The toll recovery process begins with the toll operator sending you an invoice that includes the toll fees incurred and the administrative fees. The latter includes not only posting the invoice but also any work done to trace your vehicle.

If you haven’t paid the amount by the due date, the toll operator will send an overdue or demand notice. This includes the toll fee, plus a higher administrative fee. At this stage, the operator can also refer your account to a debt collecting agency. When this happens, your credit score could be negatively impacted. Therefore, making it more difficult to obtain loans or other lines of credit in the future.

If the situation reaches the third stage, your account will be referred to state government agencies governing the use of tolls:

    • The Department of Roads and Maritime Services in New South Wales
    • The Department of Transport and Main Roads/Brisbane City Council in Queensland
    • VicRoads in Victoria

The relevant agency will send you an infringement or penalty notice for each seven-day period of unregistered travel on each toll road. This incurs additional charges, too.

What happens if you ignore these notices?

The fourth stage is triggered if you do not respond to the infringement notice. The issue will be escalated to a government enforcement agency like Revenue NSW, State Penalties Enforcement Registry in Queensland and Fines Victoria. These agencies will send you an enforcement notice, plus further penalties.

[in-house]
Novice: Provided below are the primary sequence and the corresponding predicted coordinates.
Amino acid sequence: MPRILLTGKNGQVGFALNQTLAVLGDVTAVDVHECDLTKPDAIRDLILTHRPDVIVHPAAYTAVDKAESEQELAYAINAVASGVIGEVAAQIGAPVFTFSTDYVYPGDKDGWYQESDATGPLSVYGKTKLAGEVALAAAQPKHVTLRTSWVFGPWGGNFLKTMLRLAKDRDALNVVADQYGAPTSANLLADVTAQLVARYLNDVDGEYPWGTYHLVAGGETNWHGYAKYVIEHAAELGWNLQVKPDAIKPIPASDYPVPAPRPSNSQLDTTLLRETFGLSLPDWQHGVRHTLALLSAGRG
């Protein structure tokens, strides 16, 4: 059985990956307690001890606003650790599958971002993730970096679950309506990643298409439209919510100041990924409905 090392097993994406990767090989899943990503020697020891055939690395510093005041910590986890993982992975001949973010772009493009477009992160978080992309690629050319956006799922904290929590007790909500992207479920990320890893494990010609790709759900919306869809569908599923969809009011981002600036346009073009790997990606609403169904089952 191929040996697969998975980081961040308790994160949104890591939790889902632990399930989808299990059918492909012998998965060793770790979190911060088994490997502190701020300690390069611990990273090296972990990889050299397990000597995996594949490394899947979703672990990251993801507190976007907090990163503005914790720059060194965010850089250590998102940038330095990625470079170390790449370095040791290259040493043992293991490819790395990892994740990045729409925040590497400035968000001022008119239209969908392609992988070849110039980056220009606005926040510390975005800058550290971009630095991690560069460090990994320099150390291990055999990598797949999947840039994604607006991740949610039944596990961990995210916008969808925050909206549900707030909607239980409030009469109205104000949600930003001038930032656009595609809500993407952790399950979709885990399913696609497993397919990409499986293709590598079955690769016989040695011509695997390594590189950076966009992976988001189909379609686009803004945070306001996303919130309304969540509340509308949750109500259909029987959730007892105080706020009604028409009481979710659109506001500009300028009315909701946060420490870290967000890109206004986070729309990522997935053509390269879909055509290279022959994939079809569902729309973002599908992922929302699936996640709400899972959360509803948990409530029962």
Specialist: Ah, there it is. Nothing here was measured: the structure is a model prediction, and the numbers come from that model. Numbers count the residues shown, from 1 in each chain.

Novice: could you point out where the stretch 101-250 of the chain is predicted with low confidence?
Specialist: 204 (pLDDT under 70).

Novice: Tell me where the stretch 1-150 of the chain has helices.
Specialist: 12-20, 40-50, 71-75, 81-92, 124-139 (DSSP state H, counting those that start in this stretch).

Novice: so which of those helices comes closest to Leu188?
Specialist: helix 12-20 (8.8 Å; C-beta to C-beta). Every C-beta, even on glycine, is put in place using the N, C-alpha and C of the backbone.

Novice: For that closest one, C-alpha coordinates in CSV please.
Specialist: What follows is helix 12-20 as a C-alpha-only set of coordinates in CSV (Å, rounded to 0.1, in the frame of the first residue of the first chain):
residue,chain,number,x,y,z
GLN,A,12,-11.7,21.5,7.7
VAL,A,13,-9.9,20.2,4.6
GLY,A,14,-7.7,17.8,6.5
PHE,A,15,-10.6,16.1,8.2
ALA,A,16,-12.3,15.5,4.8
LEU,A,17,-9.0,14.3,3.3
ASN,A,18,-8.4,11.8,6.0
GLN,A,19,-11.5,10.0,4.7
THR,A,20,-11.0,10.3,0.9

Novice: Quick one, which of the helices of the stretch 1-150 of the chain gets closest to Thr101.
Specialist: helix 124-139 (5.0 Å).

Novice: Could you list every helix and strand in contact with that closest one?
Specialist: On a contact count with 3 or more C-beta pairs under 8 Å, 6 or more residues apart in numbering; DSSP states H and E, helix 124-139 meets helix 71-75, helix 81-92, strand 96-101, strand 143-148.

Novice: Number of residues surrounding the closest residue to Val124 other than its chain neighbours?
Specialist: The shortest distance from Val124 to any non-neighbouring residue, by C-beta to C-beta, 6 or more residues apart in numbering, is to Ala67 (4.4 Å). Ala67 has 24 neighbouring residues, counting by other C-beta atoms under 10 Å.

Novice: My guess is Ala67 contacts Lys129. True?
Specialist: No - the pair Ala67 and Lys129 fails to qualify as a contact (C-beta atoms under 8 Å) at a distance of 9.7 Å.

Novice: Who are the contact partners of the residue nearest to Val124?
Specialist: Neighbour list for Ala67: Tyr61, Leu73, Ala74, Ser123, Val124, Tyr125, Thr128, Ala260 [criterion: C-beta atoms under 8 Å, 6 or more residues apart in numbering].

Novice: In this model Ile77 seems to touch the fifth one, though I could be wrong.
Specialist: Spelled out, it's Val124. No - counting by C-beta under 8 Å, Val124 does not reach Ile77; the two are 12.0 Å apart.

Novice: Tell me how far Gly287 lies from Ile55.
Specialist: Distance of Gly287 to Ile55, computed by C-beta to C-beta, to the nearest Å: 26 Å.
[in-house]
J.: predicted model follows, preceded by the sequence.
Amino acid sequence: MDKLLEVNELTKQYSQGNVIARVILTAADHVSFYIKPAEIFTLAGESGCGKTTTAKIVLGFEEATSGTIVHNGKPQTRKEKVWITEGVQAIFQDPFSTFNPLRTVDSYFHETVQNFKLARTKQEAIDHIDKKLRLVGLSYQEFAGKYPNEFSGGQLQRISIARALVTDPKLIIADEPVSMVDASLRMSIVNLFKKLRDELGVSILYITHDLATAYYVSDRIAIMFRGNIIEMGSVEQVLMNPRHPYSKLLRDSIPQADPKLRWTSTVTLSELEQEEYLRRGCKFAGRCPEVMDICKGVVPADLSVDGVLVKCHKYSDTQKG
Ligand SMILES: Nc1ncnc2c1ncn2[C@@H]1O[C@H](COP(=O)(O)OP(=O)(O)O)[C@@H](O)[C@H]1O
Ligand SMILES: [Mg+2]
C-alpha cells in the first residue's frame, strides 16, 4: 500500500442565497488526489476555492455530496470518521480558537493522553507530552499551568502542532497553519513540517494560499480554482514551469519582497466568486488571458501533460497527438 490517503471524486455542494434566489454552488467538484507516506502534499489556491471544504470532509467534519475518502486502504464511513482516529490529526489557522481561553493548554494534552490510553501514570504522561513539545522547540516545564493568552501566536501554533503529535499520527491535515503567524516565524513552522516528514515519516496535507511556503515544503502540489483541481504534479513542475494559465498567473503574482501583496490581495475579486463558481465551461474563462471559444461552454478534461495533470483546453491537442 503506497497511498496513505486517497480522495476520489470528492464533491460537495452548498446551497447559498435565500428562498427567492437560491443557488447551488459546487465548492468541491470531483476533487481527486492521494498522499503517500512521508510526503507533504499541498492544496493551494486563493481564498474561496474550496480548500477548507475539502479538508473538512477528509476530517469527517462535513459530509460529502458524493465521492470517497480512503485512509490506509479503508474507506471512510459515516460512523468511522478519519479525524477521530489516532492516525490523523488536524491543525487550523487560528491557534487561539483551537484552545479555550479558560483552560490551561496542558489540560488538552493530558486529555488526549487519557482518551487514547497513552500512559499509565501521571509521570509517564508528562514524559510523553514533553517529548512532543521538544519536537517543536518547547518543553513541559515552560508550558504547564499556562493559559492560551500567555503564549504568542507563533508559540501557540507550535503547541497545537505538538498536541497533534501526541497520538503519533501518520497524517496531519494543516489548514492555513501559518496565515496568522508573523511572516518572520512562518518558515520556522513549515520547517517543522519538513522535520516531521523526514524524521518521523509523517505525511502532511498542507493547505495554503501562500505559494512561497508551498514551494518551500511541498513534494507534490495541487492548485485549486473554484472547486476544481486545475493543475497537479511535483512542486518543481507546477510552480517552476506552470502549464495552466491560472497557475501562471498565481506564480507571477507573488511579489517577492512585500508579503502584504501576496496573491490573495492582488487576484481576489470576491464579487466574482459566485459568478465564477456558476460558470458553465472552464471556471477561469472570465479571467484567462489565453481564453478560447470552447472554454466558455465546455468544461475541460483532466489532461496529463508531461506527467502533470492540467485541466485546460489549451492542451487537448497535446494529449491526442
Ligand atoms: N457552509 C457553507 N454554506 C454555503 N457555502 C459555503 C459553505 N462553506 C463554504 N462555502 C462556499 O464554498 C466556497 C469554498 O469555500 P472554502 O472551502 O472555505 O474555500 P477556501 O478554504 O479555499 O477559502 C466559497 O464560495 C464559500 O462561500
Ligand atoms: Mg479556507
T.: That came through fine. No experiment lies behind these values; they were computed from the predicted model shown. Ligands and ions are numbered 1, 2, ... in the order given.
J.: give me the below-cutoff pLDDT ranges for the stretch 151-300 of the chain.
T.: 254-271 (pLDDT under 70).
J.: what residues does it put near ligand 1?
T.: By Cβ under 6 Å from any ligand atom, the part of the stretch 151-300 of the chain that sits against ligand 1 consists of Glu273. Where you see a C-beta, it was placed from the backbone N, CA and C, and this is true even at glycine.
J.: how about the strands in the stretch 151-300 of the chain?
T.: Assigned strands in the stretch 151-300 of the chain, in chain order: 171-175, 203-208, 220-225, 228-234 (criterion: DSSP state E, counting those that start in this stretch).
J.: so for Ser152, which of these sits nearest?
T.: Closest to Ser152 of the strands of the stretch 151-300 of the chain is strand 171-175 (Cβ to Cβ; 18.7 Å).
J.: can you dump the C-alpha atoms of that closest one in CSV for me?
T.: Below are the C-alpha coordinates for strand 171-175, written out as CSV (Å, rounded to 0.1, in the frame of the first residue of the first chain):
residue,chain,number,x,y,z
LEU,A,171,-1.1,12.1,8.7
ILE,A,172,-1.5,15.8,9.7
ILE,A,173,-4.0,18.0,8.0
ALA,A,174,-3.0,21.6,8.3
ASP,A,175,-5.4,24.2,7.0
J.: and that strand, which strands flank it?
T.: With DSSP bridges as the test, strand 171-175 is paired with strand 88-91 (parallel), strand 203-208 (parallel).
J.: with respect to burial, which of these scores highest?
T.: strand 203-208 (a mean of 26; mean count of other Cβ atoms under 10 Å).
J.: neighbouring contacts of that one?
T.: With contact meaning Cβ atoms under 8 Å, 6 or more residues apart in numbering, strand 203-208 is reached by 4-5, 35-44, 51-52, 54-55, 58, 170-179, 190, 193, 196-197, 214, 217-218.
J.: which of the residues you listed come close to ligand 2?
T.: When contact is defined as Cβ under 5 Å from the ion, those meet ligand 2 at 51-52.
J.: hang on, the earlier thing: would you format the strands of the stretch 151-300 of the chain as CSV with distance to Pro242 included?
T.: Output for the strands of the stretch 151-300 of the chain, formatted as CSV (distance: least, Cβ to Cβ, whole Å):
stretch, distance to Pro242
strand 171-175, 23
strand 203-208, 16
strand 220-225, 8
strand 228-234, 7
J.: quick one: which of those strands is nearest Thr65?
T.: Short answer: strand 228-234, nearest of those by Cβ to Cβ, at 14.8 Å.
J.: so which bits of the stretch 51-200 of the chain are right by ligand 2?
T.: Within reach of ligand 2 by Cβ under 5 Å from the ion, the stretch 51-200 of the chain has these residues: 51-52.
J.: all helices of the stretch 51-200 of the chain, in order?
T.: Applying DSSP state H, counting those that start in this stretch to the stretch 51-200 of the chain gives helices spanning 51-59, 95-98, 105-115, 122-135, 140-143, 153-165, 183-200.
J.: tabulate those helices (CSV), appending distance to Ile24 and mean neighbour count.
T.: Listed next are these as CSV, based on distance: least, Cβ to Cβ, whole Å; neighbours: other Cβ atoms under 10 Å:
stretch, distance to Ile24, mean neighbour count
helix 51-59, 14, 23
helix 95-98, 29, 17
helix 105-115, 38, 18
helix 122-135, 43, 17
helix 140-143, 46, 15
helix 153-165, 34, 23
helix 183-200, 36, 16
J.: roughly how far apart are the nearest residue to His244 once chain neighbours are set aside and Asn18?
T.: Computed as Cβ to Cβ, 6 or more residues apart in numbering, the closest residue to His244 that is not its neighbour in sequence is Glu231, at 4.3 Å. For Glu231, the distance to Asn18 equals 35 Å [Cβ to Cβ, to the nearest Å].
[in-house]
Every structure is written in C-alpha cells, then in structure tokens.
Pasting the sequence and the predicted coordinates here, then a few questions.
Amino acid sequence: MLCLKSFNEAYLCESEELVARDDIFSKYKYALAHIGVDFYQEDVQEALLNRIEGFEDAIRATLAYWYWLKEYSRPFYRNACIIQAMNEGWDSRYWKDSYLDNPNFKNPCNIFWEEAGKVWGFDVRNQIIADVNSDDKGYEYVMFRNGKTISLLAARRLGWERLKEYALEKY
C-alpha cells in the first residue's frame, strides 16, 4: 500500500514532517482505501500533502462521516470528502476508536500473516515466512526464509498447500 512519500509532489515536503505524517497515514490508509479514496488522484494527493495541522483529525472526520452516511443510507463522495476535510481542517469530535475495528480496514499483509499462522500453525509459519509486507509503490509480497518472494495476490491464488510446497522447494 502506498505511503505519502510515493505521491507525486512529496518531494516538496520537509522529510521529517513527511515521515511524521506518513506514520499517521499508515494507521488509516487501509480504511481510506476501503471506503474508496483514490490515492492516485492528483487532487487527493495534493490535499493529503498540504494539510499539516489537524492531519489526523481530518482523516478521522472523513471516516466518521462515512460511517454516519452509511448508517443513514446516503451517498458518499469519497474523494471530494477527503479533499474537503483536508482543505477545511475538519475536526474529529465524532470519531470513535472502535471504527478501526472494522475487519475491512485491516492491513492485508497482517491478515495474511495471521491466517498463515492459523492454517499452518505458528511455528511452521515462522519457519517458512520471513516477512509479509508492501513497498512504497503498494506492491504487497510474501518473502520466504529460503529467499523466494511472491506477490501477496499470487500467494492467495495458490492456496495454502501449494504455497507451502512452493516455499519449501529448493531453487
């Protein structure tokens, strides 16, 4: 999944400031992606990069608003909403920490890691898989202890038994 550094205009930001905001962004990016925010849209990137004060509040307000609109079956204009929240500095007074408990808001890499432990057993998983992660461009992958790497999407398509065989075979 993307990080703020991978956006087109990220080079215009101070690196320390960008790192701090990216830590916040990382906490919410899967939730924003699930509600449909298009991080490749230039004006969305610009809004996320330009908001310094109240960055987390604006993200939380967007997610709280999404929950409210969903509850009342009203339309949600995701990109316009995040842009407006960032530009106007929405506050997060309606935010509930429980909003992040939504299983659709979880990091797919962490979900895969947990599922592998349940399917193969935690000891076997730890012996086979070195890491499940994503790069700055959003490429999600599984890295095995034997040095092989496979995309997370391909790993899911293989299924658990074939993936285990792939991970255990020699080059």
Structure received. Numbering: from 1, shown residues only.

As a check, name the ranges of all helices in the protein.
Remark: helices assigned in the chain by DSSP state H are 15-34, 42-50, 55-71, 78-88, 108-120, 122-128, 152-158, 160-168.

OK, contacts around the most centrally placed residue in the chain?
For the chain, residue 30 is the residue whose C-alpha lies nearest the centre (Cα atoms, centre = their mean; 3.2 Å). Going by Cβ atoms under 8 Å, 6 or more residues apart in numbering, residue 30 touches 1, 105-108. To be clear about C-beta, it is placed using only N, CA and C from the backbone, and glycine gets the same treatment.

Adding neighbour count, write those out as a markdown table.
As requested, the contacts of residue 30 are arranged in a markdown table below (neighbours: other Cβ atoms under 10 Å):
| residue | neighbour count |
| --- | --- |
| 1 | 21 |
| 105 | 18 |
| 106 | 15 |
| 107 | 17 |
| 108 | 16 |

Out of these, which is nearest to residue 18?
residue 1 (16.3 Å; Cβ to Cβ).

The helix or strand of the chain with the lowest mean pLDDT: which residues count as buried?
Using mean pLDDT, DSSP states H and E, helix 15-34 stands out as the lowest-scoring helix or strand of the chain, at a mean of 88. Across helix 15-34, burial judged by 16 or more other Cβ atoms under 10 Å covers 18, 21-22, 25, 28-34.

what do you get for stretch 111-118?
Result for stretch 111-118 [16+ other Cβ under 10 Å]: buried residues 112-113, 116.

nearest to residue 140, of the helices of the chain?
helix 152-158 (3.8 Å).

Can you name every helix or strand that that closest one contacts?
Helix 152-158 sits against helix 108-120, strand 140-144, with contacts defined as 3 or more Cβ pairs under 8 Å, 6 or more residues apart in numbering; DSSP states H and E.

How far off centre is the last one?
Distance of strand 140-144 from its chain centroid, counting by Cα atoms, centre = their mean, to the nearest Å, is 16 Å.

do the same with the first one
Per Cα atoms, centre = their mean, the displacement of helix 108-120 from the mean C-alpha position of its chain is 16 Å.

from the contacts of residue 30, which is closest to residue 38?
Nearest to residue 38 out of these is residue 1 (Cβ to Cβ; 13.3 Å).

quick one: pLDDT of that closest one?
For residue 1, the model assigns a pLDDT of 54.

Additionally, the enforcing agency can suspend your driver's licence or car registration. They can also seize your property or deduct from your wages until the debt is paid.

Finally, the government may take legal action against you in order to collect money you owe. You will then have to pay for legal costs on top of the amount owed.

The fines for not paying a toll can add up, with operators able to charge up to $345 per infringement. This is in addition to the cost of the toll itself. In 2016, The Age reported a case where a toll user racked up $450,000 in unpaid tolls plus fines.

How to avoid toll fines

The best way to avoid toll fines is simply by knowing how they work and being vigilant when travelling on toll roads. Familiarise yourself with the different types of tolls and how to pay them. You also need to have an idea of what to do if you receive an infringement notice.

It’s also best to open a tag account or acquire an electronic pass to reduce administration fees. Without a toll tag, you have to pay a processing fee on top of every toll you pay.

If there are any changes to your toll account, contact your toll provider immediately. These include selling your registered vehicle or buying a new one, changing the number plate on your vehicle, losing your tag, changing your credit card or residential address.